The bounce back: hotels still a bit down, but campers are happy


The Office for National Statistics has just published its new report "The impact of the coronavirus so far: the industries that struggled or recovered".

Unsurprisingly, one of their key findings was that the 2008 recession had a smaller impact than the COVID-19 pandemic on individual industries and the economy as a whole.

At the risk of someone asking why that bear is squatting behind that tree, the industry sector hit most heavily hit was (of course) Accommodation and Food Service Activities, which was 90% smaller by turnover in April and May 2020 than a year earlier.

Percentage change in monthly output compared with the same month in the previous year, UK

Even when restrictions in the UK were eased over the Summer so people could go on their annual holiday, turnover in the accommodation industry was still considerably lower compared with the same period in 2019.

Camping however bucked the trend and bounced back strongly, even surpassing its performance last year. Some of this may be down to people deciding to staycation in the UK because of international travel restrictions, uncertainty and the possibility of having to quarantine on their return to the UK. Other types of accommodation, such as hotels, remained depressed suggesting that people may have believed it would be easier to socially distance on a campsite than in buildings.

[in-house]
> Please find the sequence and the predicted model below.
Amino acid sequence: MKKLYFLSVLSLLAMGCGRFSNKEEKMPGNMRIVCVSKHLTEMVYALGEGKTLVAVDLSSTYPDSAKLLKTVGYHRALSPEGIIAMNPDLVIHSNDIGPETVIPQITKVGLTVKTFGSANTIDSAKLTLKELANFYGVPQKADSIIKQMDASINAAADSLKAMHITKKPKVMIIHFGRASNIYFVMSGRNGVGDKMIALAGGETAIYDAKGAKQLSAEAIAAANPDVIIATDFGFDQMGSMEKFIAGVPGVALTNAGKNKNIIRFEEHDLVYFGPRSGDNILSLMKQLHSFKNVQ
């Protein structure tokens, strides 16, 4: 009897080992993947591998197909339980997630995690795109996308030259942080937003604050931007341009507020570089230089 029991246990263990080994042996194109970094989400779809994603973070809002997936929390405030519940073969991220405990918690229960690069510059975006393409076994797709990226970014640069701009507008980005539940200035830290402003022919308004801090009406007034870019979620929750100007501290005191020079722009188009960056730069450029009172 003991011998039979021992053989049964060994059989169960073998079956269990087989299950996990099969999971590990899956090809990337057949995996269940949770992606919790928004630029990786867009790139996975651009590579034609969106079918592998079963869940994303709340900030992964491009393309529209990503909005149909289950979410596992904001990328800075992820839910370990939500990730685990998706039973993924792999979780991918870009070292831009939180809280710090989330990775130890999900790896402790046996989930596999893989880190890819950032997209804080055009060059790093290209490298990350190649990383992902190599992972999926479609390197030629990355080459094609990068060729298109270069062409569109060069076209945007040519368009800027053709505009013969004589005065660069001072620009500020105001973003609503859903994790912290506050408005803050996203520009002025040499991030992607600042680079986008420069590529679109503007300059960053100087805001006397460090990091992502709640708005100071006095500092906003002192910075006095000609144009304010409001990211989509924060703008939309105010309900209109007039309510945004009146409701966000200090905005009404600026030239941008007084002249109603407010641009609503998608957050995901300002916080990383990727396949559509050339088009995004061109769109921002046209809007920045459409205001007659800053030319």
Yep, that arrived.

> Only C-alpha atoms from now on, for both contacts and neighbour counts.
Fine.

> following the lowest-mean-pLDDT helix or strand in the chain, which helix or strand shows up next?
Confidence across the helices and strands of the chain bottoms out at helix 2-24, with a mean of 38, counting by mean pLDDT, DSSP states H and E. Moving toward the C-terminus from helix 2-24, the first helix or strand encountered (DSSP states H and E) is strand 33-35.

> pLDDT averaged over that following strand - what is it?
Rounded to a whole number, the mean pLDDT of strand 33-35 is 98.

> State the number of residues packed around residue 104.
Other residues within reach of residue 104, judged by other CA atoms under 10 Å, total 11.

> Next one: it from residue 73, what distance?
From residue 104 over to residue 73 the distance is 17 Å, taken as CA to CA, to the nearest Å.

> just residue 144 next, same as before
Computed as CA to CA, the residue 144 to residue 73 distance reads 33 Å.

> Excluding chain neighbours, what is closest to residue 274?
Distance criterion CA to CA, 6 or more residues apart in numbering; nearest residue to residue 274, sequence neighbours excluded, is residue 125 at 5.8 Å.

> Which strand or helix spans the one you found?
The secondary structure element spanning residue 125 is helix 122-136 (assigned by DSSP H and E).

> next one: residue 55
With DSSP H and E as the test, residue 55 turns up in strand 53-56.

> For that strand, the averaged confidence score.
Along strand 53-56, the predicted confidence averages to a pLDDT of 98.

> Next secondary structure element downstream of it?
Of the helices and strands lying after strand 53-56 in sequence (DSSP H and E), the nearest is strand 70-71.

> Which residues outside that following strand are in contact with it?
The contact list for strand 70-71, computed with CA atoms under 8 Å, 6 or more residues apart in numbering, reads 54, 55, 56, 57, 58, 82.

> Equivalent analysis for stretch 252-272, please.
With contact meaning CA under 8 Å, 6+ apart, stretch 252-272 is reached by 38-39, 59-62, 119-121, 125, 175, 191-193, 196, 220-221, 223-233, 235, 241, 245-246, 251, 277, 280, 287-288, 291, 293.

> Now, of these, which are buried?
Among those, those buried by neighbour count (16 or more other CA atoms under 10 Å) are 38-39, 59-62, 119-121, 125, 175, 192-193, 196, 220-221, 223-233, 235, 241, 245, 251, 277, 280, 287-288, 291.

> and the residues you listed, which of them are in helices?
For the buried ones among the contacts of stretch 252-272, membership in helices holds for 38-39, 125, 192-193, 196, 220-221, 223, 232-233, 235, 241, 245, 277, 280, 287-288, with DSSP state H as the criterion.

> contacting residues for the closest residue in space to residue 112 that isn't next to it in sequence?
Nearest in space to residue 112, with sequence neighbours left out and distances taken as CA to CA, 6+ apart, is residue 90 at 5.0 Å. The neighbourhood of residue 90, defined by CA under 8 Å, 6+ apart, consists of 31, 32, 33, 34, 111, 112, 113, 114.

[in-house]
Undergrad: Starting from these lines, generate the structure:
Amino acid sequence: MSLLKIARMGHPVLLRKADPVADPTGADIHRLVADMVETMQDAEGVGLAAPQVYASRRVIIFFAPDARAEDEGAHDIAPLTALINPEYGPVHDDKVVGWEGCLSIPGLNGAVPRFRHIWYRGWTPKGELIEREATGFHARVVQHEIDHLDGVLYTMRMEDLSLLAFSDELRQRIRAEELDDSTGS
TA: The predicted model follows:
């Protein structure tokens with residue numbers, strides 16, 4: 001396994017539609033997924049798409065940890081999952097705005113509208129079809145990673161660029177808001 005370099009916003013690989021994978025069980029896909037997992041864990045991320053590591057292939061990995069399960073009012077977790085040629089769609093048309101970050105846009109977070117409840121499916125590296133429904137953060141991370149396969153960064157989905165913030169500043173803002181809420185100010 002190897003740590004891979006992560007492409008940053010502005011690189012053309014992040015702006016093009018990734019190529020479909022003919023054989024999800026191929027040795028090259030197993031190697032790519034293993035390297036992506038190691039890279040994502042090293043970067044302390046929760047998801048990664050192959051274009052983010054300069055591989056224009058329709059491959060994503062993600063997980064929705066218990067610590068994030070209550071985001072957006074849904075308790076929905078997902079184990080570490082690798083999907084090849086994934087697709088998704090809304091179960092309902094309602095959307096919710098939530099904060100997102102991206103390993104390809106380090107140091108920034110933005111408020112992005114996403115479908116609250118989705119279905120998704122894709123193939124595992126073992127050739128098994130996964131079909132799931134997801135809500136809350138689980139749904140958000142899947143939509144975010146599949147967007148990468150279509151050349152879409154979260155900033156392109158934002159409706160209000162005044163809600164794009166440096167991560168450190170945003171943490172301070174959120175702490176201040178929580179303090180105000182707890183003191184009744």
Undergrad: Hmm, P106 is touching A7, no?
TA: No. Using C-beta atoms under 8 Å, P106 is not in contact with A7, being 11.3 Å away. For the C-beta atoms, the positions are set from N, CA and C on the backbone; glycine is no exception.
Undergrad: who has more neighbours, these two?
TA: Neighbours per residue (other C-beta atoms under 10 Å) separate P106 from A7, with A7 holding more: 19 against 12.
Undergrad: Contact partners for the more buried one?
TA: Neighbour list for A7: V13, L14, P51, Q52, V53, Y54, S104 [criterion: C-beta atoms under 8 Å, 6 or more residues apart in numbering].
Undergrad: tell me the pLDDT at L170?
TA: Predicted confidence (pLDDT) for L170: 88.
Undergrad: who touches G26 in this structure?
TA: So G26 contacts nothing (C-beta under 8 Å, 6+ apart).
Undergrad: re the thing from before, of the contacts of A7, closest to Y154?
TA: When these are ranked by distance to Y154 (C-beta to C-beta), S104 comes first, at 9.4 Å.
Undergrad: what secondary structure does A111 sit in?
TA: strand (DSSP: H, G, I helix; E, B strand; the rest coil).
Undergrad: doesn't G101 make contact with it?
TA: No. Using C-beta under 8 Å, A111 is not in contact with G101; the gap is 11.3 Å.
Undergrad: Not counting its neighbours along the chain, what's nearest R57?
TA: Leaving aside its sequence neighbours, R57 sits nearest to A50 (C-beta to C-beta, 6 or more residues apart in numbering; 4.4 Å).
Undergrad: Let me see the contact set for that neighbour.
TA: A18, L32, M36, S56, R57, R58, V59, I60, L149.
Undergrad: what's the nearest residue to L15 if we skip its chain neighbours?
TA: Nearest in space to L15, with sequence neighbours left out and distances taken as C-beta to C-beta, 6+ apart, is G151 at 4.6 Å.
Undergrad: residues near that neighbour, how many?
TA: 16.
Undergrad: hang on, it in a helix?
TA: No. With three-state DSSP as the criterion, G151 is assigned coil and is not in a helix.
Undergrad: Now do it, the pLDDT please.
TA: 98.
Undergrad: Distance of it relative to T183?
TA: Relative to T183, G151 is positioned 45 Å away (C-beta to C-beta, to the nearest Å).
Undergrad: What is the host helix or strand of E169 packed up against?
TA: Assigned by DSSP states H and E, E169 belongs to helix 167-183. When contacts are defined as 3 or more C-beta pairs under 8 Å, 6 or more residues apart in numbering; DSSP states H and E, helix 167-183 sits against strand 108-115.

Over the next few months, banks will be looking closely at hoteliers and the assets on which their finance is secured. If the last recession is a good guide, pressure is likely to increase on owners to refinance or to sell if the chances of a rapid recovery look remote.  Howard Kennedy's hotels team has a strong track record of assisting owners of distressed assets with restructuring, helping them back into a strong capital position and into profitability again. We have contacts across the sector and often connect dealmakers to put deals together which can save good businesses from short-term cashflow problems.

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Even when restrictions in the UK were eased and people were allowed to go on their summer holidays, turnover in the accommodation industry was still down compared with a year ago.
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